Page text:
But I wonder if we are missing something when we depend upon those wonderful resources. Many of them are driven by the needs and concerns of American society. The icons they point to—the flag, Statue of Liberty, references to the Constitution and so on—are American. The cultural references and touchstones are American. This is as it should be. They speak to their marketplace. At the same time, kudos to those U.S. organizations and speakers who recognize that fact and work to mould their approach to meet Canadian needs or situations. But should the onus for adaptation be on them or us?

I am Canadian! Should that not mean that we create and celebrate Canadian model programmes, Canadian speakers, Canadian books, Canadian projects and Canadian music? After all, as Joe said in a roundabout way, who should know Canadians better than Canadians?

There are issues facing Canadian society that only Canadians can address. We have political and legal challenges in regard to marriage, the Church and our freedoms that can be fought only on a Canadian front using Canadian symbols, analogies and icons. We cannot—must not—rely on American-produced answers to deal with these significant issues, even when the issues may, on the surface, seem the same. Our political process is different and demands different approaches. Our cultural psyche is unlike that in the United States and demands that we address it ourselves.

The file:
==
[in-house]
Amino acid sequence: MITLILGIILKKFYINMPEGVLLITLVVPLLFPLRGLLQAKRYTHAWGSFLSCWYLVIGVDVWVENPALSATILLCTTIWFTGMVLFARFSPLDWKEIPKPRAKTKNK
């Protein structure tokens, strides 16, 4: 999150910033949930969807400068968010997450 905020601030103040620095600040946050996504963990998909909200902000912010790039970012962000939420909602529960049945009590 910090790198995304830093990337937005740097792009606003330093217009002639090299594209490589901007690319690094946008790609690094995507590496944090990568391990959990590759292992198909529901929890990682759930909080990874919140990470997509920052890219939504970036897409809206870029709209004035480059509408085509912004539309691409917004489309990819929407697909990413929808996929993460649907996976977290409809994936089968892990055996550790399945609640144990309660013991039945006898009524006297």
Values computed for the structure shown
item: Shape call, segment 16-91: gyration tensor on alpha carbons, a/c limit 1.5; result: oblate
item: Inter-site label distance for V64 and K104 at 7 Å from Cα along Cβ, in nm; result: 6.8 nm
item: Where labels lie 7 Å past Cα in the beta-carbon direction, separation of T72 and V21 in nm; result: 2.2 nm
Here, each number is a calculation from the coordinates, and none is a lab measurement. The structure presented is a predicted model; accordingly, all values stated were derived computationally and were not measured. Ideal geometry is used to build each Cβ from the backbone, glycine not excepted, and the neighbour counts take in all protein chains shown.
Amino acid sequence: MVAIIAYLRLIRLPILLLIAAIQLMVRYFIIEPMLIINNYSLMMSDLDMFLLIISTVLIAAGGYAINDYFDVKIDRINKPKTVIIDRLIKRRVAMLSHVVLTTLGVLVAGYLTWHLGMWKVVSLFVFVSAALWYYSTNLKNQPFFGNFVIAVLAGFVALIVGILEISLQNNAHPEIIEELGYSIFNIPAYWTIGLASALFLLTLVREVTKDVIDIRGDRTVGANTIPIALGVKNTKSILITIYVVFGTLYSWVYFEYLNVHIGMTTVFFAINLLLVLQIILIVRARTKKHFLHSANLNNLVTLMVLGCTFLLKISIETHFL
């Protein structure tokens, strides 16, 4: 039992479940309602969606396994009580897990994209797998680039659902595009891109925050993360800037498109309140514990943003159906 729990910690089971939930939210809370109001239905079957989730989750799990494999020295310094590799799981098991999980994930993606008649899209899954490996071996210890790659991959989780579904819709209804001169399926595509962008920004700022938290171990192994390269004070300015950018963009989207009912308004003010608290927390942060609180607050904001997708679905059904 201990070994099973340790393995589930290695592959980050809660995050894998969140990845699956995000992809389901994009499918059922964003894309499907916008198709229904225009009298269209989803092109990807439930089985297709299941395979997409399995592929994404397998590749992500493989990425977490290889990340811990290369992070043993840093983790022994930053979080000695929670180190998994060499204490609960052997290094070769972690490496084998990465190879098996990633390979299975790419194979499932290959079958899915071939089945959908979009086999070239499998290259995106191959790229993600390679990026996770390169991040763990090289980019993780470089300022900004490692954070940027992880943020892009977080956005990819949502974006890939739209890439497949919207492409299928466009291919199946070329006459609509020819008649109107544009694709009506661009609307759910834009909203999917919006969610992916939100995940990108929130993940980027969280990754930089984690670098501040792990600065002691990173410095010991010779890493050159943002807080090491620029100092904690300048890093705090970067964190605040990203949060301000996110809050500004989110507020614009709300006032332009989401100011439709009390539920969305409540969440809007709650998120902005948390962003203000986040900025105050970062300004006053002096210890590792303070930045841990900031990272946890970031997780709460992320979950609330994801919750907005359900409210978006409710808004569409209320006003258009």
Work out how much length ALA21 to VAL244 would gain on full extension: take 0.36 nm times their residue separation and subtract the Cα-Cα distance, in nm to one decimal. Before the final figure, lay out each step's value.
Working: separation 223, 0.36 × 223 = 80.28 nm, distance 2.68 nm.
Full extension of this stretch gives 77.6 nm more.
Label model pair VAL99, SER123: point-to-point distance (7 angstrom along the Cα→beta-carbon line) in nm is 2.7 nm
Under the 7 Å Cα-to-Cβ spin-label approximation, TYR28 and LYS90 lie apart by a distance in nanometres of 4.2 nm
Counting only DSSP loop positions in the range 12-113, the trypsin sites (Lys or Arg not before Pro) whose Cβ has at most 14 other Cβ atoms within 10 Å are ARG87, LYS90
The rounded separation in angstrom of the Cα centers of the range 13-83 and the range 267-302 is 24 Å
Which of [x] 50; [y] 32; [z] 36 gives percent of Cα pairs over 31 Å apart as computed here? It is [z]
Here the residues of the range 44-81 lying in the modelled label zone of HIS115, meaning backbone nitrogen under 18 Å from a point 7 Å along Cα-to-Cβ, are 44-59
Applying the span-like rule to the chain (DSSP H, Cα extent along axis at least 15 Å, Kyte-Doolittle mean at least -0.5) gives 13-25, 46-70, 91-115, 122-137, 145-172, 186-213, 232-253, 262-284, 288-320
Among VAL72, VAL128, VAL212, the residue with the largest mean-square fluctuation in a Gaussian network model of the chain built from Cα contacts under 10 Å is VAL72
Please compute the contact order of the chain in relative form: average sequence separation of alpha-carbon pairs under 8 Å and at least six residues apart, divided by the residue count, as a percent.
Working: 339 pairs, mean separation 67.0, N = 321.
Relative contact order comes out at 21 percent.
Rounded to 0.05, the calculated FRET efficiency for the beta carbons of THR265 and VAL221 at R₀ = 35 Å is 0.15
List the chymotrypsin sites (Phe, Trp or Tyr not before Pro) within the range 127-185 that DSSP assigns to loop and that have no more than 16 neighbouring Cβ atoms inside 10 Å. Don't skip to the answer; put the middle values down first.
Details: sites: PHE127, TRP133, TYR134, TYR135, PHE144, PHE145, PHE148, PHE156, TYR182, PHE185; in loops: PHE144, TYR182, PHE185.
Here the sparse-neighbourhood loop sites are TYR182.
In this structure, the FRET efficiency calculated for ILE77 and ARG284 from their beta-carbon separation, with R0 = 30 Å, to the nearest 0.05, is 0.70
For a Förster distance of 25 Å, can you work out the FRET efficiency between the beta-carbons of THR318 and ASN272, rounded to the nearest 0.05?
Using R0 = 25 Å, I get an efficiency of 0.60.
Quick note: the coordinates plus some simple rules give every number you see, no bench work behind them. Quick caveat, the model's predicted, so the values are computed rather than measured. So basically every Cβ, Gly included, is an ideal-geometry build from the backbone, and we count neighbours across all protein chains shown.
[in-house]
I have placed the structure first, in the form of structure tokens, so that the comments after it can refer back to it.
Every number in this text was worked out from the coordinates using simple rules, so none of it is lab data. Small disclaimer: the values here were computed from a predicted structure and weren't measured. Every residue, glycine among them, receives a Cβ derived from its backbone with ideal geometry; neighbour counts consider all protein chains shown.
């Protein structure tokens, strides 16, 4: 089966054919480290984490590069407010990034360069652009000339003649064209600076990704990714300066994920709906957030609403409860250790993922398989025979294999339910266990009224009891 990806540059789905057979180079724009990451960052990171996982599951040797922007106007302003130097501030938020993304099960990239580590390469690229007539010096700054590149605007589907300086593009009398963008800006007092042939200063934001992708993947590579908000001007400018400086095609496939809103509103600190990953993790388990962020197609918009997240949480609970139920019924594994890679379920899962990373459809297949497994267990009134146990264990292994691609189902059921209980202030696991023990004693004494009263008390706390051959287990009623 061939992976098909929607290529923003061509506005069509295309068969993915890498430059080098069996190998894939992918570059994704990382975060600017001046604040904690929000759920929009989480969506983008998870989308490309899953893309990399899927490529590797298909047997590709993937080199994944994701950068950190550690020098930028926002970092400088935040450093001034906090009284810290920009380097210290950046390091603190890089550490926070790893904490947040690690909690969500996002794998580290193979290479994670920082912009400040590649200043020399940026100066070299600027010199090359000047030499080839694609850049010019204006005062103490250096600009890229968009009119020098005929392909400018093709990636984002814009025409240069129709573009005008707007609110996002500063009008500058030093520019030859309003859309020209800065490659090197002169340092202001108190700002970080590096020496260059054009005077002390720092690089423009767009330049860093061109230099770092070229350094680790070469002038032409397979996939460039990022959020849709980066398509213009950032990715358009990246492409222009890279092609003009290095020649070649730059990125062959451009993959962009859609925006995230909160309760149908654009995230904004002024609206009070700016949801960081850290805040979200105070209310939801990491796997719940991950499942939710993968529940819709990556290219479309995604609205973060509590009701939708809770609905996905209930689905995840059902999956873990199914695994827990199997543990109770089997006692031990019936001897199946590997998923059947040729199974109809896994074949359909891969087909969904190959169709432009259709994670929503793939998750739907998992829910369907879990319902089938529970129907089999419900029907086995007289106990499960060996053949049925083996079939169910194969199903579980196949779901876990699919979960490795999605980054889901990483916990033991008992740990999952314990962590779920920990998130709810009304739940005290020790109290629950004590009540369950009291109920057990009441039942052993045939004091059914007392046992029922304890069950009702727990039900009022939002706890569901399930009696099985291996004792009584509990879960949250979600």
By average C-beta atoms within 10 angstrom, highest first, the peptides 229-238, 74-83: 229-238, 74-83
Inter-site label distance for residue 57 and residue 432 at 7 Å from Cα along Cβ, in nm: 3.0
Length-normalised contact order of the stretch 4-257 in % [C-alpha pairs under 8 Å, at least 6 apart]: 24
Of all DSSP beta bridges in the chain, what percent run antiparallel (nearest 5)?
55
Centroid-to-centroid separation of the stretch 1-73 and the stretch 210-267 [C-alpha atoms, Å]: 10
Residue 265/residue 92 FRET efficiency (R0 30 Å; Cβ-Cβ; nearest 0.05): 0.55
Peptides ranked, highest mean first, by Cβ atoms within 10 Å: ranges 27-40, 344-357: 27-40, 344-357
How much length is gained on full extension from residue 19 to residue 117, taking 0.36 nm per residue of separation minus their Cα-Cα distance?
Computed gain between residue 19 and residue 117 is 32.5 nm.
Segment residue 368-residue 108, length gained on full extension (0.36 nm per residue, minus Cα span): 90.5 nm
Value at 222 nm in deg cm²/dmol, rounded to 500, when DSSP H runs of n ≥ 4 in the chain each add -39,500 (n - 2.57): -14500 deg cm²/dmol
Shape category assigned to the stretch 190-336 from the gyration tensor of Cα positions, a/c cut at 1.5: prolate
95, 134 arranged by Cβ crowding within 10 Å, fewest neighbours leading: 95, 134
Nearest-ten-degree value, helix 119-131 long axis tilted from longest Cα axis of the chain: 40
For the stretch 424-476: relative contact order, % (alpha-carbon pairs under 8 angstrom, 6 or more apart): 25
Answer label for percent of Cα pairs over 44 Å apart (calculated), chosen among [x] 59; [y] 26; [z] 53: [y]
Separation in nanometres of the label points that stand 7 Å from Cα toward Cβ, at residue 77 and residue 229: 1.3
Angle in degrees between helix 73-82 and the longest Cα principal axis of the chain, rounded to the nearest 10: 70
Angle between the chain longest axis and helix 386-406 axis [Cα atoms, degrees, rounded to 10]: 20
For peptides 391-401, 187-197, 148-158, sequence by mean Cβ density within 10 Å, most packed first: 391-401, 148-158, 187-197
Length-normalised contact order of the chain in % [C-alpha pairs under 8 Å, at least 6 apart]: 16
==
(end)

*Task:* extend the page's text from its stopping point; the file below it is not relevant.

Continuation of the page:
Does this mean ignoring the great resources and organizations that emanate from south of the border? Certainly not!

Rather, my prayer is that across the board, Canadian Christians would take this model to heart: working together, sharing ideas and resources, tackling the great Kingdom issues together, and yet respecting the need for targeted approaches to issues.

We need to focus on, and yes, take pride in our homegrown … efforts.

For example, in September 2003 Christian & Missionary Alliance denomination in America and Canada both signed a Joint Ministry Agreement. U.S. C&MA President Dr. Peter Nanfelt said that the strengths of the two denominations complemented each other. He noted that the collaborative efforts of both organizations around the world enhanced each other. Often, he said, the smaller Canadian Church is able to react more speedily and creatively to situations. "The innovative level in Canada tends to be greater. We have gained many great ideas from the Canadian family."

Canadians need to recognize and celebrate our great contributions to the Kingdom. We need to focus on, and yes, take pride in our homegrown authors, musicians, speakers, pastors, church planters, organizations and missions efforts. Dr. Oswald Smith, founder of the People's Church in Toronto, Ontario, and a Simpson con-temporary, used to say that only this generation can reach this generation. We need to create Canadian-made solutions to Canadian issues and problems.

It's about enhancing, not taking away. It's about using and being the best that God has given us to meet the needs in our Jerusalem as well as our Judea and Samaria.

As Canadian Christians we need to say, "I am Canadian. And I want to stretch myself and my people to reach my nation with God's grace and power."

Barrie Doyle is a public-relations professional and media professor at Humber College in Toronto.

Originally published in alife, July 2004.
http://www.alliancelife.org/